Royal Festival Hall, London
26th October 2015
Randy Newman makes his return to The Royal Festival Hall for a marathon career spanning set. Louder Than War’s Craig Chaligne reviews.
It’s a sell-out crowd that greets Randy Newman’s entrance on the stage of The Royal Festival Hall. Making his return to London after a 3 year absence, this evening sees him in solo mode with just him and his piano (and his extensive back catalogue). “I Love To See You Smile” from the soundtrack to the 1989 movie featuring Steve Martin opens the evening and was swiftly followed by “Baltimore” which he started by singing a couple of bars of “House of the Rising Sun” to show the similarity of the chords. Newman has a lot of respect for the craft of songwriting but one thing that’s for sure is that he doesn’t take himself too seriously. “I Miss You”, a song about his first wife gets introduced by a funny preamble where he explains it was actually written well into his marriage with his second one. Revelatory songs about greed (“It’s Money That I Love”), religion (“That’s Why I Love Mankind”) or racism (“Simon Smith and the Amazing Dancing Bear”) show the breadth of topics he tackles in his songs. He’s lost none of his touch for sarcastic social commentary as proved by a new song written about Vladimir Putin. “You Can Leave Your Hat On” and its subsequent successful cover versions by Tom Jones and Joe Cocker offer him the possibility to introduce “I’m Dead But I Don’t Know It”, a bitter rant against the nostalgia that riddles the music business nowadays. “It’s a Jungle Out There”, the theme song he wrote for the “Monk” TV series got an airing as did the wonderful “I Think it’s Going To Rain Today” from his first album released in 1968.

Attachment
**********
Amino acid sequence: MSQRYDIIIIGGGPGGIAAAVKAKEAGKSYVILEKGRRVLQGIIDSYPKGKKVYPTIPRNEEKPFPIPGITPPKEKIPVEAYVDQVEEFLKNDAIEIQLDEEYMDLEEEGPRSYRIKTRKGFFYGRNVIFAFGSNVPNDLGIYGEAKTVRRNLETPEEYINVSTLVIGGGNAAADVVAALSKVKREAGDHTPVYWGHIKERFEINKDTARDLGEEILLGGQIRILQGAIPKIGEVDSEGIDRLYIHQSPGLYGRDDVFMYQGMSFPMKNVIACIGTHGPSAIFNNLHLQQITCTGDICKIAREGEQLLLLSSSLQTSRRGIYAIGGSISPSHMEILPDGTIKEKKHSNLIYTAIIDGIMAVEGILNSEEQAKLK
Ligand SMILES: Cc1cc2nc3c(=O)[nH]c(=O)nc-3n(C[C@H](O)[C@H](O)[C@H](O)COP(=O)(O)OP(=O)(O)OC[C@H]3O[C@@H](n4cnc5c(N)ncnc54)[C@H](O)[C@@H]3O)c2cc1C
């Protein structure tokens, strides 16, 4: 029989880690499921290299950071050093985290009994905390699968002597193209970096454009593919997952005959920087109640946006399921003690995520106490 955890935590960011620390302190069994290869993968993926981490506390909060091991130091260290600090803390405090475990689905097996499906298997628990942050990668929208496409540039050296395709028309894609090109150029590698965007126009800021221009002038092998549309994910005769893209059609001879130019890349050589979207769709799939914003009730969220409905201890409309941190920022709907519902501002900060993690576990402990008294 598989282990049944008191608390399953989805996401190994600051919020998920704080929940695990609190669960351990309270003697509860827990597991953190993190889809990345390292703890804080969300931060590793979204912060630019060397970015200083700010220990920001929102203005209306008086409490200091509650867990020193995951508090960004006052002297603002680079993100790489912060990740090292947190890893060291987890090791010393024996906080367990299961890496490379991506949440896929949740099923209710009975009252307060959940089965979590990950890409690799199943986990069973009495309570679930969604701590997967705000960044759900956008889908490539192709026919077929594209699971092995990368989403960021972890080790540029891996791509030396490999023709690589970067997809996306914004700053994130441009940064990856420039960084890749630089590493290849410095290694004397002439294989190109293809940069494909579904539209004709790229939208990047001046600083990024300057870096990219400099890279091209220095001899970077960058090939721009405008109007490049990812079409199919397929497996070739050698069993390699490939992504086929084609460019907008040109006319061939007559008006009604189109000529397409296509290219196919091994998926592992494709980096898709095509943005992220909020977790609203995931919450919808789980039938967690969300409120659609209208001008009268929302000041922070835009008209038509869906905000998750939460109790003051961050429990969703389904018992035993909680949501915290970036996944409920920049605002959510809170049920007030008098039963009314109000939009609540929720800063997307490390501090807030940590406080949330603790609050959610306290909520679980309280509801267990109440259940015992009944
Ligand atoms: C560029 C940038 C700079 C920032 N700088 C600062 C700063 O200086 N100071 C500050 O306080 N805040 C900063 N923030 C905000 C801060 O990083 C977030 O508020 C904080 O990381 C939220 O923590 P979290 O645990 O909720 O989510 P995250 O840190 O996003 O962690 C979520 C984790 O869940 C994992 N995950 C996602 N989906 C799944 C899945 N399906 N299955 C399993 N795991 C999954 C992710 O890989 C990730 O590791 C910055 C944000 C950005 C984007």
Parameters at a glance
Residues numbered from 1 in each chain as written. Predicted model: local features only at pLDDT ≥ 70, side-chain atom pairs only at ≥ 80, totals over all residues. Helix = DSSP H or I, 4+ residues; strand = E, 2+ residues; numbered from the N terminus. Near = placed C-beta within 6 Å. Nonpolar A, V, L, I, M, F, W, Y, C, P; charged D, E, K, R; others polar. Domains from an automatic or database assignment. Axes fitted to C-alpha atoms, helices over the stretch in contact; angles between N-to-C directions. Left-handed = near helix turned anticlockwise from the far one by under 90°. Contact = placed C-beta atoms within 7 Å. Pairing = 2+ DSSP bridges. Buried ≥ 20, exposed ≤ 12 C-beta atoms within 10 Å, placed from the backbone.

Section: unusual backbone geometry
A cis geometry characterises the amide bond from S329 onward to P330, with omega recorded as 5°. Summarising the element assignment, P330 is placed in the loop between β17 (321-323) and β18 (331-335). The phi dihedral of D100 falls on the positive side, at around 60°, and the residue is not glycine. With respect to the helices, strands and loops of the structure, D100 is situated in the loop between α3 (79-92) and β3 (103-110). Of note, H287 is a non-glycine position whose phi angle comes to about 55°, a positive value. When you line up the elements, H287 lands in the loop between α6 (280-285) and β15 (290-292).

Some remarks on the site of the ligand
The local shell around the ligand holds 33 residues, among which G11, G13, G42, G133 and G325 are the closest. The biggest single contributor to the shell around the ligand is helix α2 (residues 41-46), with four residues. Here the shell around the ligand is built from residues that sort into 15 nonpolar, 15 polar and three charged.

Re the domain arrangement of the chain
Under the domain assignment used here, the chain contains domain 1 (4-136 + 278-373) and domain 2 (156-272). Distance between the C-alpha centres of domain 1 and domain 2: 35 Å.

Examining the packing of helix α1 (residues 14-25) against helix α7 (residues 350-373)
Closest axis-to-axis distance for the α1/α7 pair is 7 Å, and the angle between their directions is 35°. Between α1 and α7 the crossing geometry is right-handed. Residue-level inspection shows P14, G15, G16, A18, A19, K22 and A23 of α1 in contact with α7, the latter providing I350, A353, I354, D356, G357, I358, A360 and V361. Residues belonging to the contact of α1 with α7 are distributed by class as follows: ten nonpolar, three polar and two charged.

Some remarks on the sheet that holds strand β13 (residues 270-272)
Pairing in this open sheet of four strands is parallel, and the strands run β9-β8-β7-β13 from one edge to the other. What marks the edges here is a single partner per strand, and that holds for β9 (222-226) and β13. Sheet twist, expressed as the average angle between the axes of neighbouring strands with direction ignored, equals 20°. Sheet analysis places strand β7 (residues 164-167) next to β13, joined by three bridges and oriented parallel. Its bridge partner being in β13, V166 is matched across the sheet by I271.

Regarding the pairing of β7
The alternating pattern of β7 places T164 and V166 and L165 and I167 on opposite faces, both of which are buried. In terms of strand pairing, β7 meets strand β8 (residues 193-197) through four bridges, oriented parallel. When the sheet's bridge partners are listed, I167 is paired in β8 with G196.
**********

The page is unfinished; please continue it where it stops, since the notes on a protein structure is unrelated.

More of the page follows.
Newman has carved quite a career in scoring animated movies for Pixar and Disney. The second set of the evening opened with “Strange Things” that was featured in the first Toy Story movie. Far from shying away from playing his most well known songs, Newman included most of them in the second part of the show. “You’ve Got a Friend in Me” was preceded by “Short People” (“my only hit and it had to be a novelty song” he quipped) and “I Love LA” was also played. However it’s the heavier material that hit home. Never taking sides Newman give each side of the Atlantic a run for their money (“Political Science” being followed by “The Great Nations Of Europe”) while his tribute to Karl Marx “The World isn’t Fair” was preceded by a hilarious story about being in a restaurant with his second wife and daughter. “Sail Away” proved the highlight of the second half of the show.
All words by Craig Chaligne. More from Craig can be found at his Author Archive.